1. REMEDIAL LAW; JURISDICTION; LOST OF JURISDICTION BY REMAND OF CASE TO TRIAL COURT NOT REACQUIRED BY MERE MOTION. — G.R. No. L-35767 was terminated in this Court and became final and executory on July 30, 1976. The case has been remanded to the trial court which had also rendered its decision on the controversy. The Court no longer has jurisdiction in the case to resolve, by a mere motion therein, issues having to do with the right of parties to the case (National Investment and Development Corporation v. Angeles, 40 SCRA ). When the case reaches the court again on appeal, then and only then will it regain jurisdiction over the case.
This is an urgent motion for contempt and lifting of the temporary restraining order issued by the Court on April 16, 1975 enjoining the private respondents from taking possession of the four parcels of land under litigation in the petition for certiorari
with preliminary injunction filed with the Court by petitioner Crystal on November 3, 1972.
The antecedents of the case are quoted from the decision of the Court promulgated on February 25, 1975, as follows:jgc:chanrobles.com.ph
"In Civil Case No. R-1666, of the Court of First Instance of Cebu, entitled Pelagia Ocang, Et. Al. v. Vidal Montayre, as administrator of the estate of Nicolas Rafols, judgment was rendered ordering the defendant to pay the plaintiffs P30,609.00 as damages. On appeal, this Court affirmed the decision of the trial court. After the judgment had become final, a writ of execution was issued and five (5) parcels of land belonging to the estate, situated at Toledo, Cebu, were on May 24, 1957 sold at public auction to Pelagia Ocang as the highest bidder for P10,000.00 (Annex ‘A’). On May 17, 1958, the heirs of Nicolas Rafols assigned their right of redemption over four (4) of the five (5) parcels of land to Raymundo Crystal (Annex ‘B’), which assignment was approved by the probate court on May 23, 1958. By virtue of the order, Crystal deposited a check for P11,200.00 with the Provincial Sheriff of Cebu on said date and on May 28, 1958, the Provincial Sheriff issued a deed of redemption (Annex ‘C’). Crystal took possession of the lands and cultivated the same.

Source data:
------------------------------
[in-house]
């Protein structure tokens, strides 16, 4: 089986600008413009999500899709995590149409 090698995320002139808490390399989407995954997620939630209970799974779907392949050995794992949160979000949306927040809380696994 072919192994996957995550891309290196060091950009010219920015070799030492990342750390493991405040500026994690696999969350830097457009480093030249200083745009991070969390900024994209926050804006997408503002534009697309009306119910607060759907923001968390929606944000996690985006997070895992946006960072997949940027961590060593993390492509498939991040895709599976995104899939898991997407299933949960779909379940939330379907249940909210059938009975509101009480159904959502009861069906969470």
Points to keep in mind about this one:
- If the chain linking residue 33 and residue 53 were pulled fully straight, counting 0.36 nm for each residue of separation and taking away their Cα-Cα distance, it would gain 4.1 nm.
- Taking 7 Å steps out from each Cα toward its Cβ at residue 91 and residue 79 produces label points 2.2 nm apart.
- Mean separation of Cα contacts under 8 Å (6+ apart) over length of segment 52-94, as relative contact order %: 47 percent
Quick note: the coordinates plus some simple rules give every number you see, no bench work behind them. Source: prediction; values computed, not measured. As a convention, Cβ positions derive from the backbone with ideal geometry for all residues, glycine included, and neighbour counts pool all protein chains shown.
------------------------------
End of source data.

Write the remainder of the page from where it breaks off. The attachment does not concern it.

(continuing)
"In February 1960, Ocang took possession of the four (4) parcels of land, claiming that since the check for the redemption was dishonored for lack of sufficient funds, the redemption was null and void. Crystal then filed a motion in Civil Case No. R-1666 seeking to cite Ocang in contempt of court.
"On June 4, 1960, the trial court denied the motion to hold Ocang in contempt of court, observing that another action, and not contempt proceedings, is the proper proceeding where the validity of the redemption may be raised (Annex ‘D’).
"Following the observation of the trial court, Crystal filed Civil Case No. 62-T against Ocang seeking declaration of ownership in his favor, plus damages.
"During the pendency of Civil Case No. 62-T, however, Crystal was able to regain possession of the four (4) parcels of land.
"On June 23, 1969, the trial court in Civil Case No. R-1666 granted a writ of possession of the four (4) parcels of land to Ocang (Annex ‘F’).
"Upon Crystal’s motion, the trial court set aside the order of June 23, 1969 and annulled the writ of possession issued in Ocang’s favor.chanrobles.com.ph : virtual law library
"Ocang then moved to reconsider the order annulling the writ of possession, which motion was opposed by Crystal. The trial court held in abeyance the various incidents of the case.
"Subsequently, Ocang filed an ex-parte motion for the issuance of an alias writ of possession and this was reiterated on August 15, 1970.